The Simpsons made their prime time television debut on December 17th, 1989. The world was a much different place back then but it’s safe to say the animated show about a blue collar family caught fire with young viewers. By 1990, Topps Company was hard at work on a Simpsons card set, which was not uncommon, as they were at the time the premier, non-sport card manufacturer. From Garbage Pail Kids to Teenage Mutant Ninja Turtles and everything in between, it seemed Topps was most successful with non-sport properties during this time.
Although Topps was able to strike while the iron was red-hot, the 1990 set, which was 88 cards and 22 stickers, was as basic (not to mention boring) as it gets, even by “Junk Wax” era standards. I feel as a whole, Topps’ 1990 products all suffer equally across the board, which is why Upper Deck was able to overtake them in baseball straight out of the gate. I bought a pack (or 3) of 1990 Topps Simpsons but even as an impressionable 10 year old child, knew that my money was better spent somewhere else, such as on 1990 Impel Marvel Universe, which absolutely lit up Topps in every single category.
If you’re looking for a cheap Simpsons trading card set, you can’t go wrong with Topps but just a few short years later, Skybox, would enter the Simpsons card market with their very own set that would change the world of trading cards forever. I know, sounds like hyperbole, right? IT IS NOT. Also, remember that company Impel I mentioned earlier? Eventually, that company took on a new name: Skybox International. By 1995, Skybox was purchased by Marvel. The following year, Marvel purchased Fleer and thus Fleer/Skybox was born.
ANYWAY, in 1993, Skybox produced their own Simpsons trading card set which was heavily focused on the latest craze at the time, inserts. The base set was just 80 cards but Skybox included inserts like lenticular motion cards (see below), temporary tattoos, acetate, as well as glow in the dark cards. It had everything you could want in a set and became one of the hottest items of 1993, the same year Topps killed its competition by introducing the Refractor, but that’s a whole other story. Basically, Skybox, put Topps’ now ancient Simpsons set from just three years back to shame.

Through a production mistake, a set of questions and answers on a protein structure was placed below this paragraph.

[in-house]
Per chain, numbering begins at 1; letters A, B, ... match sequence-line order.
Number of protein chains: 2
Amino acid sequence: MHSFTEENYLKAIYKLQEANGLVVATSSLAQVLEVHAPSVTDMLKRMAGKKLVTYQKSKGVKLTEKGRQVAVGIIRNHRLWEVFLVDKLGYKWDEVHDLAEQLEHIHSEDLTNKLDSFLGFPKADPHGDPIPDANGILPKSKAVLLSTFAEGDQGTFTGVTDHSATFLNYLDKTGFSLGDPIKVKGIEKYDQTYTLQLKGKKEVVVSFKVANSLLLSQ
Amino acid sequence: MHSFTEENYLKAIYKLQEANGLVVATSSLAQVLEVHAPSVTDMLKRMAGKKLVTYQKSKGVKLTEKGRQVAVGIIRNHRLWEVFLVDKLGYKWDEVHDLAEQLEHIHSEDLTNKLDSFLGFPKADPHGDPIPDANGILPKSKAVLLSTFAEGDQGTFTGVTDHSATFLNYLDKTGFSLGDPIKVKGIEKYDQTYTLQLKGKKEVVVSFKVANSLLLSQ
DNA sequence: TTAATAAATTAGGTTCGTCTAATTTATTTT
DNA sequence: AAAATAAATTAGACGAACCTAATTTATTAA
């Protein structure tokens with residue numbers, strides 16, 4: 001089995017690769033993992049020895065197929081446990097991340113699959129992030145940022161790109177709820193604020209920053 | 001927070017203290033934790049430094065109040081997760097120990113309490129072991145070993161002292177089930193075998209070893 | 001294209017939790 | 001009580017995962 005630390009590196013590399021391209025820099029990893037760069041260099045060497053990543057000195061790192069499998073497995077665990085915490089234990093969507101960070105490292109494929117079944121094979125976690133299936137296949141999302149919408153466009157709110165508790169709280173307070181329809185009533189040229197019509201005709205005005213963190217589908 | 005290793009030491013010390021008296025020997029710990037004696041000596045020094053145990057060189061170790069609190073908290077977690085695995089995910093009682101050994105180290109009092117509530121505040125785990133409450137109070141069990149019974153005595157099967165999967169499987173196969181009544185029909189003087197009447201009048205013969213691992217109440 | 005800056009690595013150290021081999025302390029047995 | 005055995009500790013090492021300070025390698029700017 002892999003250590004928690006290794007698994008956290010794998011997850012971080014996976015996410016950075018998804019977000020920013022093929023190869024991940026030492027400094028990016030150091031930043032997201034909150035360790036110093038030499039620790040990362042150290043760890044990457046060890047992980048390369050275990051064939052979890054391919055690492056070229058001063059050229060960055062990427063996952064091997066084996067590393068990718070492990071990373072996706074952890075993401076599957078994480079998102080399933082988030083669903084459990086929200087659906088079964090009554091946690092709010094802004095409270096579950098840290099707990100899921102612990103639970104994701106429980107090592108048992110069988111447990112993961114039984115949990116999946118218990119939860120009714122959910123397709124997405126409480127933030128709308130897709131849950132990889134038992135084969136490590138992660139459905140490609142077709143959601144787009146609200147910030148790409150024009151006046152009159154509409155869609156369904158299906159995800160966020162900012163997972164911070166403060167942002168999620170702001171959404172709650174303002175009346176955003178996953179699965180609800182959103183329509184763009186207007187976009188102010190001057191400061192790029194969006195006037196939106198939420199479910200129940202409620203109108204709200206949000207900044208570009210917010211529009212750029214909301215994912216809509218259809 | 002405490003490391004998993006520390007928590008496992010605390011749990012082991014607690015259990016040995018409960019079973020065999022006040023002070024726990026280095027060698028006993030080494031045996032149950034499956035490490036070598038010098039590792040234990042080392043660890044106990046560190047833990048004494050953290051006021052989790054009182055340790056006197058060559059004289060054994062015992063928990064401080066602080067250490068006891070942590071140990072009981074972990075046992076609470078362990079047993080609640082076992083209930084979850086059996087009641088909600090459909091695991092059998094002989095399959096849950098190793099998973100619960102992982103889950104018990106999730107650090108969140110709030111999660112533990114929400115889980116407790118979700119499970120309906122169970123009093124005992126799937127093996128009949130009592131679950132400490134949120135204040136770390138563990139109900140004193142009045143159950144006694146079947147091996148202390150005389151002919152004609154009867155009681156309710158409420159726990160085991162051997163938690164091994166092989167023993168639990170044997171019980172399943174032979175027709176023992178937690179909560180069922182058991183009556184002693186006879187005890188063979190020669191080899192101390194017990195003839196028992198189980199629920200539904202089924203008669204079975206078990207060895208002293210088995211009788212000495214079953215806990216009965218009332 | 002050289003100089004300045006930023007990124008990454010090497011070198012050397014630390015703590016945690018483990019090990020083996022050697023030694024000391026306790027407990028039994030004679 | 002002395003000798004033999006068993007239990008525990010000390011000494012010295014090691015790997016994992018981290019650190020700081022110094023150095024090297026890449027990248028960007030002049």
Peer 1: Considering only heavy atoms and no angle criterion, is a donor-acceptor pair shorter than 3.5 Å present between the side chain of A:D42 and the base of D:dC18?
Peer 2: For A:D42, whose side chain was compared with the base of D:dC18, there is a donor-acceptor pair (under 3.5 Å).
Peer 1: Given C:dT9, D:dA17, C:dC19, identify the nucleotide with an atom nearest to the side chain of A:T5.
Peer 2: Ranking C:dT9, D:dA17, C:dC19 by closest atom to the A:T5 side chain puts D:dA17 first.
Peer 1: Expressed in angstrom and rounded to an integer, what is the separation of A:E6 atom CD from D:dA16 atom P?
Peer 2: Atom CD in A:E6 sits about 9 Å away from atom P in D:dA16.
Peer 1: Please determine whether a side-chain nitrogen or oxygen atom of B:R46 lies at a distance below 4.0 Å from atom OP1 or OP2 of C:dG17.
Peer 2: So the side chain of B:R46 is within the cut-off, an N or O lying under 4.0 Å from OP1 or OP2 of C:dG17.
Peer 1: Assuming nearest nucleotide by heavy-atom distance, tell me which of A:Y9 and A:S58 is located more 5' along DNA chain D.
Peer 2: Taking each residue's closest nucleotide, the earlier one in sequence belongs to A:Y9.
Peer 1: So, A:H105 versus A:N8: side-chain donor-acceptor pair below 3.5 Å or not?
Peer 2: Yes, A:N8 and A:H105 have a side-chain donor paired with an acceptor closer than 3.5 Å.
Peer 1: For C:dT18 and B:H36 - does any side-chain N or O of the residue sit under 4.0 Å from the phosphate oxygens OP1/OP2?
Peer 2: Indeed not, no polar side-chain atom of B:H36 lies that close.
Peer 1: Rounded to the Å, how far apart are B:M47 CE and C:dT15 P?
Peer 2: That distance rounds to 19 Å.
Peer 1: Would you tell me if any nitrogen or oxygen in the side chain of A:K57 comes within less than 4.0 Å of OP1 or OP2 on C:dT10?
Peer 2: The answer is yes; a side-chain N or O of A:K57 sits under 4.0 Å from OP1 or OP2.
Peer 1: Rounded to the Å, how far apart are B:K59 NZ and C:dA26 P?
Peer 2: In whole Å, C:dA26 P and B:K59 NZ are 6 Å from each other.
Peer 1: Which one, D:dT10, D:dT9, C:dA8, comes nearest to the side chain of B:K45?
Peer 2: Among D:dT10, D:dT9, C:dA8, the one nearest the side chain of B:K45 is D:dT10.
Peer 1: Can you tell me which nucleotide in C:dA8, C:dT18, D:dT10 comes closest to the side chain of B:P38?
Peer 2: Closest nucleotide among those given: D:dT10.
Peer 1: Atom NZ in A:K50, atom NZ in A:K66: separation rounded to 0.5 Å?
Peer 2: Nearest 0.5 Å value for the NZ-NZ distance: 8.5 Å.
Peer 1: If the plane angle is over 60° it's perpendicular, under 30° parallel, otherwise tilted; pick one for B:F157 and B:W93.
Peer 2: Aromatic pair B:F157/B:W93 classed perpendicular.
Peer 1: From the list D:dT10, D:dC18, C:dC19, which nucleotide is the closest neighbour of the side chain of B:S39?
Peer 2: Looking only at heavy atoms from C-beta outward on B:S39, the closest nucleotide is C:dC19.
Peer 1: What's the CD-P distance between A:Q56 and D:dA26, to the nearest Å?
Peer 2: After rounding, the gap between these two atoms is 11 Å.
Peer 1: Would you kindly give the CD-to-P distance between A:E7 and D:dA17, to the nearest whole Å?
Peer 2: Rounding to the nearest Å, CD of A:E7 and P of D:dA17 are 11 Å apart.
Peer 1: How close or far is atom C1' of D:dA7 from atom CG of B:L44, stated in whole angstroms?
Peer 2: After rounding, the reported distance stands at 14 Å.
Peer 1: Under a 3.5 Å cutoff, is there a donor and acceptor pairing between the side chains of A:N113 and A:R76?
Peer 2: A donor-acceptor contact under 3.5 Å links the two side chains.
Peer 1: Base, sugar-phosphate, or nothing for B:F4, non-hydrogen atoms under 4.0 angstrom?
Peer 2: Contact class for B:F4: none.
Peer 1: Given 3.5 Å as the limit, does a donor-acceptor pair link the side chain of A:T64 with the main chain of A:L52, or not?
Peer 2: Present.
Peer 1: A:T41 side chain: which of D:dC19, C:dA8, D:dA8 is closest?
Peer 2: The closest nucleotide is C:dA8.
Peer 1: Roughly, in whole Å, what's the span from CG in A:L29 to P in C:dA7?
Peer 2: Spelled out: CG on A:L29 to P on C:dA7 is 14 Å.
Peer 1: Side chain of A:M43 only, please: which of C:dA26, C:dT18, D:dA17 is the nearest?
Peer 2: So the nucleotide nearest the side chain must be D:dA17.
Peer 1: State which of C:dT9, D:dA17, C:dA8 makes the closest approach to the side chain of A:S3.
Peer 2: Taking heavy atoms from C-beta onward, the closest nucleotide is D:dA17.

Best of all, Skybox produced redemption cards (YES, in 1993!). If you were lucky enough to find one, you could redeem it for an original sketch card by Simpsons creator, Matt Groening. These now, almost mythical cards were hand numbered to just 400 and expired over twenty years ago, not that it matters anyway since the original Skybox went under in 2006. It would be safe to assume that not all 400 of these sketch cards were redeemed, which is why they sell for BIG MONEY whenever one finds its way on eBay.
I’m not kidding. There’s only ONE on eBay right now with a $5,000 price tag. Take a look for yourself. I’d venture to say these cards are some of the rarest and most valuable of any trading cards from the 90s that aren’t prototypes. There are more expensive cards from that decade, sure, not many can compete with Jordan or Griffey Jr. autographs and game-used relics but when you consider the year these cards were produced, the particular license, and that these may in fact be the very first sketch cards collectors have ever pulled from a card product, suddenly these cards triple in collectible appeal.
It doesn’t hurt that Matt Groening is sort of a recluse. He’s way more social these days but that doesn’t change the fact that these sketch cards are his one and only appearance on card board. How Topps, a company that at one point, had a working relationship with Groening, hasn’t included him in Allen & Ginter over the current autograph checklist hacks of today is beyond disturbing, unfortunate, and disappointing. If EVER there was a set to feature Matt Groening in, it’s Allen & Ginter. For now, this is all we have to work with but good luck with an unopened box, they don’t come cheap.
With Upper Deck owning the Skybox license, one has to wonder if we will ever see a modern Simpsons trading card set featuring autographs, parallels, printing plates, and other goodies from today’s hobby. It’s been 27 years since the last Simpsons set and with the now legendary animated sitcom running on fumes, it’s perhaps the best time to look back on the 30+ year run of The Simpsons while the show is still on the air and with millions of dollars to cash in on nostalgia-driven collectors.